Sorry!! The article you are trying to read is not available now.
Thank you very much;
you're only a step away from
downloading your reports.

Yahoo Poaches a Top Google Exec

By

After 13 years in key roles at Google, Marissa Mayer bails for a job as CEO and president of Yahoo.

PrintPRINT
MINYANVILLE ORIGINAL Seeing your stock pop more than 2% in after-hours trading isn't all that fabulous, but it's better than a stick in the eye, especially on a lousy Monday in the middle of July, and even more so if you're Yahoo (YHOO).

The stock rise was caused by a pretty startling piece of news, broken by Andrew Ross Sorkin on CNBC and in The New York Times at the stroke of 4 p.m.: Marissa Mayer had just resigned from Google to accept the job of CEO and president of Yahoo, the bumbling giant of the Internet.

Marissa Mayer is a genuine geek icon of Silicon Valley. She was Google's (GOOG) 20th hire and its first female employee, a Stanford-trained engineer who spent 13 years leading development of some the company's key projects, including Gmail and Google Maps. Not incidentally, she is said to have a strong design sense, and is credited as the force behind Google's minimalist but colorful front page. She sits on Google's operating board and, at just 37, she has a high enough profile to get elected to the Wal-Mart (WMT) board, too.

Clearly, all of the above wasn't going to get her much further at Google, where she had the title of vice president, reporting to a senior vice president.

No doubt she made many millions there, but "the Googirl" is gone, to use the nickname that a CNN producer-boy reports Mayer is "sometimes called." (The word was apparently coined by a headline-writer for a fashion magazine that featured Mayer.)

As for Mayer, she turned on a dime, from Tweeting about Google's latest features to announcing her new job with a link to the Yahoo news story. "I'm incredibly excited to start my new role at Yahoo tomorrow," she Tweeted, with a link to the Yahoo press release.

Financial analyst reaction to Mayer's hiring was cautious, not least because of Yahoo's recent history of CEO musical chairs, talent flight, and walking-dead staff morale. Some pointed out that Mayer is primarily a techie, and not at all a media type. That could be less than ideal, since Yahoo long ago farmed out its search functions (to Microsoft) and declared that it would distinguish itself as a content provider.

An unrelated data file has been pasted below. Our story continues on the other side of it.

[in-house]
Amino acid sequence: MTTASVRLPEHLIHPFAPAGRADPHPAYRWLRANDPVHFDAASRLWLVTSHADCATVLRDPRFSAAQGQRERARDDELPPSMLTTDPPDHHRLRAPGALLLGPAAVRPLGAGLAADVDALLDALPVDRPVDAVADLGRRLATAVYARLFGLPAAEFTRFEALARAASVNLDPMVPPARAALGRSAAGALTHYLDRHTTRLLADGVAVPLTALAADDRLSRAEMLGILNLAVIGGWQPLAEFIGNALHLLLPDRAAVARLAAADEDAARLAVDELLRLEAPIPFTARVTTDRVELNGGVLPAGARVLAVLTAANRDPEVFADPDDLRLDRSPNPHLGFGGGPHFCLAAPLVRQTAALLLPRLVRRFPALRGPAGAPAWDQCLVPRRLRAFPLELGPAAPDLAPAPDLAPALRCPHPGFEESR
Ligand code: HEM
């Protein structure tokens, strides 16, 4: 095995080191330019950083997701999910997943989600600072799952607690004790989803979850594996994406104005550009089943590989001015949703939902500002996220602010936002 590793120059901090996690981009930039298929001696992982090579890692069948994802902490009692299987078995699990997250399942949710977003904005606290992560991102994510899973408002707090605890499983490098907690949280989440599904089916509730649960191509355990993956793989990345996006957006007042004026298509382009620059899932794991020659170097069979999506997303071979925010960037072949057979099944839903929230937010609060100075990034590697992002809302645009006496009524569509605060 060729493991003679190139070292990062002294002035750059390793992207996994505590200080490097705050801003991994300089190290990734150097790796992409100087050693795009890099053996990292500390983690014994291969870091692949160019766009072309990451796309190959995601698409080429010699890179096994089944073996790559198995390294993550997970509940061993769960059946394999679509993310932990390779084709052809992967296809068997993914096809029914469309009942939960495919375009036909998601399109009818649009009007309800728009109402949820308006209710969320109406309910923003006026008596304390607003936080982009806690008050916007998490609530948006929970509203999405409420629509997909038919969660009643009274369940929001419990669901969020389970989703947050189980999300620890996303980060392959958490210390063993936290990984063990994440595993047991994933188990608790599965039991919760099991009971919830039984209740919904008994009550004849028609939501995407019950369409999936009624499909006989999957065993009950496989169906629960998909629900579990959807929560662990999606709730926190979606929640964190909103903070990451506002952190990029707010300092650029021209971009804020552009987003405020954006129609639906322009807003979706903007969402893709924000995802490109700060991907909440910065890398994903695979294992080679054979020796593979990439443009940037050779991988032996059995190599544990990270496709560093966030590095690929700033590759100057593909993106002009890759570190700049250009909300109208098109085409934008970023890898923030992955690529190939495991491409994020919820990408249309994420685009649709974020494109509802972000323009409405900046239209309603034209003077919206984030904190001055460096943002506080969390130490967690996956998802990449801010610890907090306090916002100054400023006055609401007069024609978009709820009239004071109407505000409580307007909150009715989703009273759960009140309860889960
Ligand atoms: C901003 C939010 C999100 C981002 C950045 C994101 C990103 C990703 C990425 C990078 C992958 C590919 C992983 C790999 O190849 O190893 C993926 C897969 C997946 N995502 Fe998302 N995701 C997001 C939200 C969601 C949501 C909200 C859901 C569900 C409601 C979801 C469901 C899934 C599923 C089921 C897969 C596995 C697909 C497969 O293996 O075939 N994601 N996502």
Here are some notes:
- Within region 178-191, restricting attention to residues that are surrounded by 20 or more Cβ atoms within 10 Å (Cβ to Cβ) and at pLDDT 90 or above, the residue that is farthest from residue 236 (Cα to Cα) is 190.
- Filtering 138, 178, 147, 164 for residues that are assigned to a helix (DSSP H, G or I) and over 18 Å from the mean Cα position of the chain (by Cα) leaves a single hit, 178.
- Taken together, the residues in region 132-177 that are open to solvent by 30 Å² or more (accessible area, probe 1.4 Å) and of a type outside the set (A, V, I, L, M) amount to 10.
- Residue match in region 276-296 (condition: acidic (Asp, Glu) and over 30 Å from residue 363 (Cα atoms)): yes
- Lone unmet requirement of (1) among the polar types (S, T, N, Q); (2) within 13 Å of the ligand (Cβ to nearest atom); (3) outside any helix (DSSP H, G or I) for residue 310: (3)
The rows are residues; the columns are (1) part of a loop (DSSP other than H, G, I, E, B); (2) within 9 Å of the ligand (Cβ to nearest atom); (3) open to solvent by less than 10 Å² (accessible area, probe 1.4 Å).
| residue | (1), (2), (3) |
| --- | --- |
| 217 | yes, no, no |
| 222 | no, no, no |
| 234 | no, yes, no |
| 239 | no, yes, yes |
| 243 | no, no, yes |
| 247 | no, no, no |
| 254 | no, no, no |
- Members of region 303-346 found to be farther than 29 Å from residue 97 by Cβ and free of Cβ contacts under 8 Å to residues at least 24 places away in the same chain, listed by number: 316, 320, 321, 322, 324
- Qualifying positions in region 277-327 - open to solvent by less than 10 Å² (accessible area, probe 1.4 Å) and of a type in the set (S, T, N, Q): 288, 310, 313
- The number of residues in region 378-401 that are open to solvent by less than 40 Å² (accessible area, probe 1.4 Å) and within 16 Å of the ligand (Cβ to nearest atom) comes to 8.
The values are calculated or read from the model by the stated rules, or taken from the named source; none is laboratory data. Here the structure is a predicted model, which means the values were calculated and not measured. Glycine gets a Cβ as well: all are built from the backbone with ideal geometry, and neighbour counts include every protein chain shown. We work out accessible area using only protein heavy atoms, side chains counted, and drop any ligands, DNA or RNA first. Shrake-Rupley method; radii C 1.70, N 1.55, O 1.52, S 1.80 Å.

Then again, maybe Mayer has a better idea. After all, Yahoo still has 700 million users, but it has no design sense whatsoever.
< Previous
  • 1
Next >
No positions in stocks mentioned.
The information on this website solely reflects the analysis of or opinion about the performance of securities and financial markets by the writers whose articles appear on the site. The views expressed by the writers are not necessarily the views of Minyanville Media, Inc. or members of its management. Nothing contained on the website is intended to constitute a recommendation or advice addressed to an individual investor or category of investors to purchase, sell or hold any security, or to take any action with respect to the prospective movement of the securities markets or to solicit the purchase or sale of any security. Any investment decisions must be made by the reader either individually or in consultation with his or her investment professional. Minyanville writers and staff may trade or hold positions in securities that are discussed in articles appearing on the website. Writers of articles are required to disclose whether they have a position in any stock or fund discussed in an article, but are not permitted to disclose the size or direction of the position. Nothing on this website is intended to solicit business of any kind for a writer's business or fund. Minyanville management and staff as well as contributing writers will not respond to emails or other communications requesting investment advice.

Copyright 2011 Minyanville Media, Inc. All Rights Reserved.
PrintPRINT

Busy? Subscribe to our free newsletter!

Submit
 

WHAT'S POPULAR IN THE VILLE